• Rev. Lawrence E. Polansky

28th Sunday in Ordinary Time (A)

"Invite to the wedding feast whomever you find."

Entrance Antiphon: Ps 130(129):3-4 – “If You, O Lord, should mark iniquities, Lord, who could stand? But with You if found forgiveness, O God of Israel.”

First Reading: Is 25:6-10a “The Lord will prepare a feast and wipe away the tears from every face.”

Responsorial Psalm: Ps 23:1-3a, 3b-4, 5, 6 – “I shall live in the house of the Lord all the days of my life.”

Second Reading: Phil 4:12-14, 19-20 – “I can do all things in Him who strengthens me.”

Alleluia: Eph 1:17-18 – “Alleluia, alleluia. May the Father of our Lord Jesus Christ enlighten the eyes of our hearts, so that we may know what is the hope that belongs to our call. Alleluia, alleluia.”

Gospel: Mt 22:1-14 – “Invite to the wedding feast whomever you find.”

Communion Antiphon: Ps 34(33):11 – “The rich suffer want and go hungry, but those who seek the Lord lack no blessing.”

Two thoughts came to mind as I reflected on the readings for this weekend. The first, was in light of COVID-19, “I wonder how my family (or any family for that matter) is going to celebrate Thanksgiving this year ... especially if the family dinner in the past included a large group of individuals?” The other thought was remembering back about 12 years ago when my Dad and I were planning my Ordination reception and my First Mass reception for May 16th and May 17th in 2009. Thanksgiving is a time when families get together and thank God for all of the blessings they have received throughout the year … a time to celebrate the abundance of the harvest ... and this year perhaps a time to celebrate health and well-being. A reception after someone is ordained to the priesthood, like a wedding reception, is purely a celebration … celebration for the graces given in a Sacrament … a way to congratulate … a way to wish the individuals involved best wishes as their lives enter a new dimension as a priest or as wedded man and wife.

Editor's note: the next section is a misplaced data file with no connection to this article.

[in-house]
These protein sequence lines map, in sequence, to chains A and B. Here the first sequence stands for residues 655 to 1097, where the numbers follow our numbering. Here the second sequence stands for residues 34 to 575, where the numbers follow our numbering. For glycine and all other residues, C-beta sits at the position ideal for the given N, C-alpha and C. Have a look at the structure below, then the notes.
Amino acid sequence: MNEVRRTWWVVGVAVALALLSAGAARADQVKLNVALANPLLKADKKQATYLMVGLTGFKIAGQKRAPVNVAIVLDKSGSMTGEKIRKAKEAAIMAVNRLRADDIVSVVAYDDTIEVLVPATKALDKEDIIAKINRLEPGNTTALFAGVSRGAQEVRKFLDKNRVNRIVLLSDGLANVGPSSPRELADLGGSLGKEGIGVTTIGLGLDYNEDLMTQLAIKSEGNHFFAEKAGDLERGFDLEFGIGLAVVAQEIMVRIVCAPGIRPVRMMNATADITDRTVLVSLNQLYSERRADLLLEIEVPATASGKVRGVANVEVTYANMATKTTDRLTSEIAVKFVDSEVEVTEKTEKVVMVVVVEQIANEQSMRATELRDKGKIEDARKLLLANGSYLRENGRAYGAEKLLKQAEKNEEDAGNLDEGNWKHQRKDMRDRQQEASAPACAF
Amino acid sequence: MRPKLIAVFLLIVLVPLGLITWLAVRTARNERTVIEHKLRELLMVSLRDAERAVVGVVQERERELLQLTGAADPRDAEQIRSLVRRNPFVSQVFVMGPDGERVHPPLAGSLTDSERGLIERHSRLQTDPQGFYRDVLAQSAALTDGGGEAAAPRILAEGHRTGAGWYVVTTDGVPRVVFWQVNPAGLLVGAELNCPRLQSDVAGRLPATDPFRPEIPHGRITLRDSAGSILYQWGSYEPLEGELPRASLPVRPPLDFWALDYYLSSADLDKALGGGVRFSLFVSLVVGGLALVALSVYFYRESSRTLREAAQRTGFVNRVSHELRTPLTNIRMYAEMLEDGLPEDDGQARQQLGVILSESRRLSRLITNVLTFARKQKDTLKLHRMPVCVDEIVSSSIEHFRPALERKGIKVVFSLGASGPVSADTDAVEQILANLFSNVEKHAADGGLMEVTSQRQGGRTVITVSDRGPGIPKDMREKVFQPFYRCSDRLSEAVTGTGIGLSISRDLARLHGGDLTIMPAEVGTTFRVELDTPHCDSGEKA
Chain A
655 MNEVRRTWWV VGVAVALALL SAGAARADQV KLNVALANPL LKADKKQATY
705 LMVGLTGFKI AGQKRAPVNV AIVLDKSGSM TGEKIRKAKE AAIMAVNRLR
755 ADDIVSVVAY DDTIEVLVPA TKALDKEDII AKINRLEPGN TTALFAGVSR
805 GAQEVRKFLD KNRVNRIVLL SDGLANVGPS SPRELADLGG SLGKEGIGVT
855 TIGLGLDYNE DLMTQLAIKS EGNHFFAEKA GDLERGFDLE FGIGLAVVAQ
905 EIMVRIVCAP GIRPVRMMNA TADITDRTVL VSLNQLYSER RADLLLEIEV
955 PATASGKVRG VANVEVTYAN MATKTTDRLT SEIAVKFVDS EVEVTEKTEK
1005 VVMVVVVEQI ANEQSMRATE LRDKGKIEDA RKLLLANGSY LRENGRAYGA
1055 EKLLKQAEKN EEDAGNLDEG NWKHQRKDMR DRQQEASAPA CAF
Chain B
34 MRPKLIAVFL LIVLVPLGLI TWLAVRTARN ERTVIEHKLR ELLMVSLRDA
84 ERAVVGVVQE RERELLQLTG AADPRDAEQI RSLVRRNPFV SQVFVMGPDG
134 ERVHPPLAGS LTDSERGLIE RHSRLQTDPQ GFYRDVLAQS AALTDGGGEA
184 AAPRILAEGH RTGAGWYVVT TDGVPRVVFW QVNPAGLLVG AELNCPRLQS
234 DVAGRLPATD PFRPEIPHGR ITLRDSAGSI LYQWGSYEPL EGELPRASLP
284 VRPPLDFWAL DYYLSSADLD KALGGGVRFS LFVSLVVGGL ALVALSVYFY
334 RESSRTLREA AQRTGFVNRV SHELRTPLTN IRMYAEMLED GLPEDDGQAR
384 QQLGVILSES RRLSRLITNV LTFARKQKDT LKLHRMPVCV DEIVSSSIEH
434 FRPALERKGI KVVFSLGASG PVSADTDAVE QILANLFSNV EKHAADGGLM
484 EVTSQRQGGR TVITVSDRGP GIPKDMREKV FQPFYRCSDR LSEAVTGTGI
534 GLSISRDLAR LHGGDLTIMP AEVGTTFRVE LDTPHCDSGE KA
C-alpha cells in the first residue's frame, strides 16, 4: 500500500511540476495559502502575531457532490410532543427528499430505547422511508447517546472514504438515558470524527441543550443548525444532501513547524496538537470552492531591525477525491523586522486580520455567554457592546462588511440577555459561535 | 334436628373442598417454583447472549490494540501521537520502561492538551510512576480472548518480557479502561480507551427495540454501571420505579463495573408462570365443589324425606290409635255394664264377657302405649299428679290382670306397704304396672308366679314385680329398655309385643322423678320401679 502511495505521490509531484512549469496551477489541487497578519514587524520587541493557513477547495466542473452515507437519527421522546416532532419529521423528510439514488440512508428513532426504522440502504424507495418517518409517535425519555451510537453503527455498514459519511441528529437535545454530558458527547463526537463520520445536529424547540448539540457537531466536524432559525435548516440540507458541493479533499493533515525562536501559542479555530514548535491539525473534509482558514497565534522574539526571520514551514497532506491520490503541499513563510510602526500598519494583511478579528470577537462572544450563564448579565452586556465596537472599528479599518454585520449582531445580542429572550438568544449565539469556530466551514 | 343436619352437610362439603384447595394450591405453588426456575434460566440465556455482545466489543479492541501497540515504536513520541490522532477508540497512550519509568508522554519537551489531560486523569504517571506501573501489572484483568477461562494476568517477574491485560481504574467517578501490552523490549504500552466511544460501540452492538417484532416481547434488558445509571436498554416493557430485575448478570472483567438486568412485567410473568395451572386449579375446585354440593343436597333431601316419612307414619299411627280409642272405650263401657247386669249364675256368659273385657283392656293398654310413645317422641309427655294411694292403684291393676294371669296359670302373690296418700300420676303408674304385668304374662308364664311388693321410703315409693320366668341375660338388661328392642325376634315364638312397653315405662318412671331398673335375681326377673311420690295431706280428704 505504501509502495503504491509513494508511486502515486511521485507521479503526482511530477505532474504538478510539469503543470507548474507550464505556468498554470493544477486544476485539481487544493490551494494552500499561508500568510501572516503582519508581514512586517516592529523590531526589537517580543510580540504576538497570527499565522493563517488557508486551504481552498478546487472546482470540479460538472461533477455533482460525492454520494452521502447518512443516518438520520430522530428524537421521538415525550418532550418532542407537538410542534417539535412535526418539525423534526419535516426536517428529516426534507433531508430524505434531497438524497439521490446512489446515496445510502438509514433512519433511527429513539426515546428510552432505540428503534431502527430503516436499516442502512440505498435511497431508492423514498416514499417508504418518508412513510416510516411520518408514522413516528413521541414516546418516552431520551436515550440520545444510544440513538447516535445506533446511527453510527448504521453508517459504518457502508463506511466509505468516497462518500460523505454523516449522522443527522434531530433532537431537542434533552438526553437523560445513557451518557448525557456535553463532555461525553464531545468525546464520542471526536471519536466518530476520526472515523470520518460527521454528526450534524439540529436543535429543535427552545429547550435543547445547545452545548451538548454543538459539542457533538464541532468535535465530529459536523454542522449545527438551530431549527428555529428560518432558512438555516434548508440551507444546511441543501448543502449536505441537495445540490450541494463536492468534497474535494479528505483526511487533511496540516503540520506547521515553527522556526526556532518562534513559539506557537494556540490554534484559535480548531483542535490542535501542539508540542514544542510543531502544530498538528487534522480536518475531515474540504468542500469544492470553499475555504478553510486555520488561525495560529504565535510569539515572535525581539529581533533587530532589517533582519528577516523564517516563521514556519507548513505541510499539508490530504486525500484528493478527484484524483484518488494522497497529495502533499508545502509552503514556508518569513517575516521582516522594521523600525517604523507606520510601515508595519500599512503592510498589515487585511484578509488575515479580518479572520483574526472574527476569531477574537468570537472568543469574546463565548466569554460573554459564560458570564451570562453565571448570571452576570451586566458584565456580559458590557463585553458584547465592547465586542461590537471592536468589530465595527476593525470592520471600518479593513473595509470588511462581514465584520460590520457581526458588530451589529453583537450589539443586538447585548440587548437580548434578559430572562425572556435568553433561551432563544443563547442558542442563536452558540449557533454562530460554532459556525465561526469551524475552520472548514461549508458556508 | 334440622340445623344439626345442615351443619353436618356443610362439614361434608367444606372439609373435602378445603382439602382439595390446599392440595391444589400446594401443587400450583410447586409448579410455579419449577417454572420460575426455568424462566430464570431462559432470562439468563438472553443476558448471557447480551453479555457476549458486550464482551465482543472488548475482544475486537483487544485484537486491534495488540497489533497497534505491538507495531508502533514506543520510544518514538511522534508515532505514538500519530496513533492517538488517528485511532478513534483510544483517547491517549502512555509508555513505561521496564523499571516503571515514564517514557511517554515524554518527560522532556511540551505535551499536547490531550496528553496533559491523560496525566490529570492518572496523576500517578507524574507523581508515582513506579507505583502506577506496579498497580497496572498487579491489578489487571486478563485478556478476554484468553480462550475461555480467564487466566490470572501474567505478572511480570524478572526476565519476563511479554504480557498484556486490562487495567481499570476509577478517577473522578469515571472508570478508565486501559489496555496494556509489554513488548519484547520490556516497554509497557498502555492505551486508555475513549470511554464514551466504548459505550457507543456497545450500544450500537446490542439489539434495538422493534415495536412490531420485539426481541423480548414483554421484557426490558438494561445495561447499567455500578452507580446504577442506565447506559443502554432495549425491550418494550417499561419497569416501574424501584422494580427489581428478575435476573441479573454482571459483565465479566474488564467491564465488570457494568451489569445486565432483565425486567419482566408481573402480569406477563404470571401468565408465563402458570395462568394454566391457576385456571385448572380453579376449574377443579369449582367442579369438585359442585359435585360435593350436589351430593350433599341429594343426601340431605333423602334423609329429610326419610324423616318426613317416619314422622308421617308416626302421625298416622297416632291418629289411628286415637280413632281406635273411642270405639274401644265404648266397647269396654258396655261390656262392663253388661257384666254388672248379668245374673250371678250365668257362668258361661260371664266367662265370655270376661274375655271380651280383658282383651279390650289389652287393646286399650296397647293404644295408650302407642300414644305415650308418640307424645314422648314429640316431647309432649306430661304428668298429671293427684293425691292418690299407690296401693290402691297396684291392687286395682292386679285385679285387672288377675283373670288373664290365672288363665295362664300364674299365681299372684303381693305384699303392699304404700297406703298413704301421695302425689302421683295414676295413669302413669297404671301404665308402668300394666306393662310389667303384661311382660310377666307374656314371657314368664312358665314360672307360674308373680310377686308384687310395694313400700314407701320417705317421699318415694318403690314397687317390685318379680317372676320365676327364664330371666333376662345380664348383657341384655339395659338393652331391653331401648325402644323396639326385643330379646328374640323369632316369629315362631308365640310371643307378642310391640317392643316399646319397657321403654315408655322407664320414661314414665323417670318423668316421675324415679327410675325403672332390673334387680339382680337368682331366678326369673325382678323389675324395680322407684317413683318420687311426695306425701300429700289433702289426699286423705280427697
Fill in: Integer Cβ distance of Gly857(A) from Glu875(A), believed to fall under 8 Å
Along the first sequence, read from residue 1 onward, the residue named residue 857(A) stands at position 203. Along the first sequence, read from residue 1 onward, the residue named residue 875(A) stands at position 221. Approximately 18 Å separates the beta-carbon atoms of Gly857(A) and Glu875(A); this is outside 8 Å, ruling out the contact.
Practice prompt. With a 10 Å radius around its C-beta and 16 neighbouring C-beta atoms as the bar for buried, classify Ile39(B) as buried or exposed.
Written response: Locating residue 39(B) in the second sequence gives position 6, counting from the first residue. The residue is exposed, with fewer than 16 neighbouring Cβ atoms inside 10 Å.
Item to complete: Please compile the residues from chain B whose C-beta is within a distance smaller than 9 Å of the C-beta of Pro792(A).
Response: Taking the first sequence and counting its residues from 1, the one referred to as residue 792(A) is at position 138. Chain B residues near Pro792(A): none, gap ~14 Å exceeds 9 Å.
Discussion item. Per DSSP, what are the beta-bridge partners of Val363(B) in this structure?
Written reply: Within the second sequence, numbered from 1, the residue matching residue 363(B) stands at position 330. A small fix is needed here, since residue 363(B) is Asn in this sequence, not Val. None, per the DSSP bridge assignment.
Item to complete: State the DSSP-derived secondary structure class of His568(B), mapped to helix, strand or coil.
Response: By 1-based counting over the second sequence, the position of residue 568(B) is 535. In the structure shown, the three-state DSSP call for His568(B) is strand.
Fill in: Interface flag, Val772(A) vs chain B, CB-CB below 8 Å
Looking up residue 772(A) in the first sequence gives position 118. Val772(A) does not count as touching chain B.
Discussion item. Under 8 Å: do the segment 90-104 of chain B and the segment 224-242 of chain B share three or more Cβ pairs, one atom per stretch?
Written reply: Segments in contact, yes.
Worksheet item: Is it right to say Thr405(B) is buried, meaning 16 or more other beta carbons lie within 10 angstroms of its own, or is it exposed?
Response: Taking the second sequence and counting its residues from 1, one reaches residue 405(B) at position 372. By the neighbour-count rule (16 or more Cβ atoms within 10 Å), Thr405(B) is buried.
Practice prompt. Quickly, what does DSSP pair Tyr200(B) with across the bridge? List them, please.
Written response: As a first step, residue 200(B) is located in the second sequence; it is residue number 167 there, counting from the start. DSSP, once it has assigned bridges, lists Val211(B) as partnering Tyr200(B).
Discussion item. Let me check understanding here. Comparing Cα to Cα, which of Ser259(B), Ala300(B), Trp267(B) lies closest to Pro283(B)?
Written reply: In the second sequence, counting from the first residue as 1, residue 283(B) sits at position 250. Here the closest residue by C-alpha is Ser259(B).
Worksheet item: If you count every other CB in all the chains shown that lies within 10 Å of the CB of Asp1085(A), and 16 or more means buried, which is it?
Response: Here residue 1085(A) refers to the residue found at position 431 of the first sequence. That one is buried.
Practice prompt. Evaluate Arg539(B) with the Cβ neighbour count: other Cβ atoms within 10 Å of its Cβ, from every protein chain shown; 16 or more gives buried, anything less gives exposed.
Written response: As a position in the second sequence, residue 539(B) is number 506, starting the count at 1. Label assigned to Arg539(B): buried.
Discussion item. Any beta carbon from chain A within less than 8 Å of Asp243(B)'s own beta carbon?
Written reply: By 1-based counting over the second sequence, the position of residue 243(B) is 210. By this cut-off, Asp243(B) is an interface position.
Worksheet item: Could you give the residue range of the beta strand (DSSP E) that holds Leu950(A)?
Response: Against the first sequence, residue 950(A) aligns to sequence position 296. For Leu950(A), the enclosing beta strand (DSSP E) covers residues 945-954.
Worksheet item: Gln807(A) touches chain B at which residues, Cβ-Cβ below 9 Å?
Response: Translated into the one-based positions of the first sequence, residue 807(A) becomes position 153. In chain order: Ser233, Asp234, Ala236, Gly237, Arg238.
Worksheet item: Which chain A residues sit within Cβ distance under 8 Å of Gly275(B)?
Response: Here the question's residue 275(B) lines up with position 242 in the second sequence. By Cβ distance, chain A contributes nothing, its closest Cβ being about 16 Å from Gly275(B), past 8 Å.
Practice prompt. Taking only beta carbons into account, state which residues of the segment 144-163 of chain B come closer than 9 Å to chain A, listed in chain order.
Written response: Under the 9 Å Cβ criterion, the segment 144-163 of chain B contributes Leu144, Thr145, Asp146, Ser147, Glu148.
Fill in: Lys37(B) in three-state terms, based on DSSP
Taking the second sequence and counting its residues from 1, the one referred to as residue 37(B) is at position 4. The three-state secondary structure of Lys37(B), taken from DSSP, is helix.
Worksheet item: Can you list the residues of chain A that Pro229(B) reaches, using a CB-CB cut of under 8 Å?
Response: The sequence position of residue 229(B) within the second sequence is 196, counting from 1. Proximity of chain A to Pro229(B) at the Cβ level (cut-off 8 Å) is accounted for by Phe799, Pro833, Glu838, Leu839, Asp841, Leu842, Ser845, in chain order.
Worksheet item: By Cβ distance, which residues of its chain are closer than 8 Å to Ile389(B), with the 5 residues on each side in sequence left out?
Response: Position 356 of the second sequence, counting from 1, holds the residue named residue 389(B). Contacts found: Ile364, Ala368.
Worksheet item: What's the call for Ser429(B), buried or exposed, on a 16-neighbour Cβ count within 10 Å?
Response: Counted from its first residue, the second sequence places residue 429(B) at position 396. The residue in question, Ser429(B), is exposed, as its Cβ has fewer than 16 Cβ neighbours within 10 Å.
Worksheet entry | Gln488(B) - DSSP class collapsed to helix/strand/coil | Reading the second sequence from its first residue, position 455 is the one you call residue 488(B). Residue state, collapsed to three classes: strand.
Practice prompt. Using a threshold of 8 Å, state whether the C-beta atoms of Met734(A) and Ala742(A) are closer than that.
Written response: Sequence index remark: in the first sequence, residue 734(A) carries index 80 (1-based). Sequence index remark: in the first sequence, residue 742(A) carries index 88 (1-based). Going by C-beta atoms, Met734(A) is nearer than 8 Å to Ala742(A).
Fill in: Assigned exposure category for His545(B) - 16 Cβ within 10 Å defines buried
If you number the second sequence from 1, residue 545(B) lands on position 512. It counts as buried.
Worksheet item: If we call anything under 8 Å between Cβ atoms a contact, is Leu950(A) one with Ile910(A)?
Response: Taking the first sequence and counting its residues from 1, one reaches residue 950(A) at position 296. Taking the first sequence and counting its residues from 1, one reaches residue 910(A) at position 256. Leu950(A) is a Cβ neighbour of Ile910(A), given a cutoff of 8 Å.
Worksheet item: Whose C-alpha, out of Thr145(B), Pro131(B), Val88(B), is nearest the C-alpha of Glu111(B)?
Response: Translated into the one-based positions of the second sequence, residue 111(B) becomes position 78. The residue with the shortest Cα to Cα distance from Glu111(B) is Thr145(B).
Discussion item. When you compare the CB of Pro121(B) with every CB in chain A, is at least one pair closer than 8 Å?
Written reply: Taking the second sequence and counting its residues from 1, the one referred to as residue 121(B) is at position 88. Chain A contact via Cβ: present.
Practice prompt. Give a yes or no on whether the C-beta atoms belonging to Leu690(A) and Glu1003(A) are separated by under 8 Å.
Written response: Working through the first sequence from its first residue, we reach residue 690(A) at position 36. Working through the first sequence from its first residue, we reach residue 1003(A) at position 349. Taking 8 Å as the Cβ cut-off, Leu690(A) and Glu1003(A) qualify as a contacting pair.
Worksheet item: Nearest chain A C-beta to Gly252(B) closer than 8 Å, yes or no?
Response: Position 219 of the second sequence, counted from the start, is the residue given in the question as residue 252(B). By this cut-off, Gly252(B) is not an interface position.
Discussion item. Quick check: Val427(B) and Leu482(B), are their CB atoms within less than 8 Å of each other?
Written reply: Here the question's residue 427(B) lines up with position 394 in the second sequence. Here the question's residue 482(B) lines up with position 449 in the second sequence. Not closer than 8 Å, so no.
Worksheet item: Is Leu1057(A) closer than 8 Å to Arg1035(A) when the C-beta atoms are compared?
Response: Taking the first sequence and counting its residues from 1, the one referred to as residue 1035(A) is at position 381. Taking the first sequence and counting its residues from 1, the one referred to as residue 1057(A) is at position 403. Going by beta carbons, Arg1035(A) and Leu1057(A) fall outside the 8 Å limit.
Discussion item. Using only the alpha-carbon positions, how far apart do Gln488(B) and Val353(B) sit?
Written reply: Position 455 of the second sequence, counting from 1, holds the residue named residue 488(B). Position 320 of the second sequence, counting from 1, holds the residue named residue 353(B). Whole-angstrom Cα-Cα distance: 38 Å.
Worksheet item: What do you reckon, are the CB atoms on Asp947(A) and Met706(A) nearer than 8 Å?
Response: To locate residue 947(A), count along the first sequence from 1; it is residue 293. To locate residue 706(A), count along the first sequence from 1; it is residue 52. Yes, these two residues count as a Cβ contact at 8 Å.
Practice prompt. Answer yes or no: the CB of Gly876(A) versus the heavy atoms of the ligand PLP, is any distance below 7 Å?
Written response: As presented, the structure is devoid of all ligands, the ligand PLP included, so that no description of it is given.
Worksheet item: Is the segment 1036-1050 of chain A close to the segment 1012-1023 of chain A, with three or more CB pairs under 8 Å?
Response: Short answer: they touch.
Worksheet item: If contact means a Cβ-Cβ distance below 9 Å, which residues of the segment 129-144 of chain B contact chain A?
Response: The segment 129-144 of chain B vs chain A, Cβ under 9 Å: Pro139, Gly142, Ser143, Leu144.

All of the readings this weekend deal with invitation, with abundance, and with feasting. Last week in his letter to the Philippians, Saint Paul asked us to think all of the things that were true and honorable, just and pure, lovely and gracious, excellent and worthy of praise. He told us that by keeping these things in our minds and in our hearts, we will become more aware of the invitations God sets before us.

At times, those invitations are quite obvious … as seen in the First Reading and in the Gospel. Both feature banquets hosted by God. Invitations have been sent out. The question is … how do or how should we respond to the invitation? And when we accept invitations for Thanksgiving dinner or to a wedding reception or another celebration, it is traditional to be dressed appropriately and also in most instances to bring a gift ... isn’t it? Shouldn’t that be our mindset when we come to God’s house for the Eucharistic banquet?

When you think about it, we all get many invitations for one thing or another each and every week. We are invited and we have the opportunity to share in a banquet each and every Sunday. It’s free for anyone who takes in the feast of the Liturgy of the Word, partakes in the Liturgy of the Eucharist, and shares with those around them. Anyone who hungers can be fed and the table is never empty.

Our responsiveness depends on how sensitive we are to recognizing the movements of God and to how thankful we are for the gifts given. God’s invitations to do that are often more subtle as well. A beautiful fall day or a beautiful sunrise or sunset at the beach are just a few of the millions of invitations we are sent each and every day. Are we properly prepared for those banquets when we receive those invitations? And before answering, consider this, it is not just a question of how we are dressed on the outside, but also how we are dressed on the inside. And don’t forget ... do we bring a gift as well? It is as simple as coming prepared mentally as well as physically.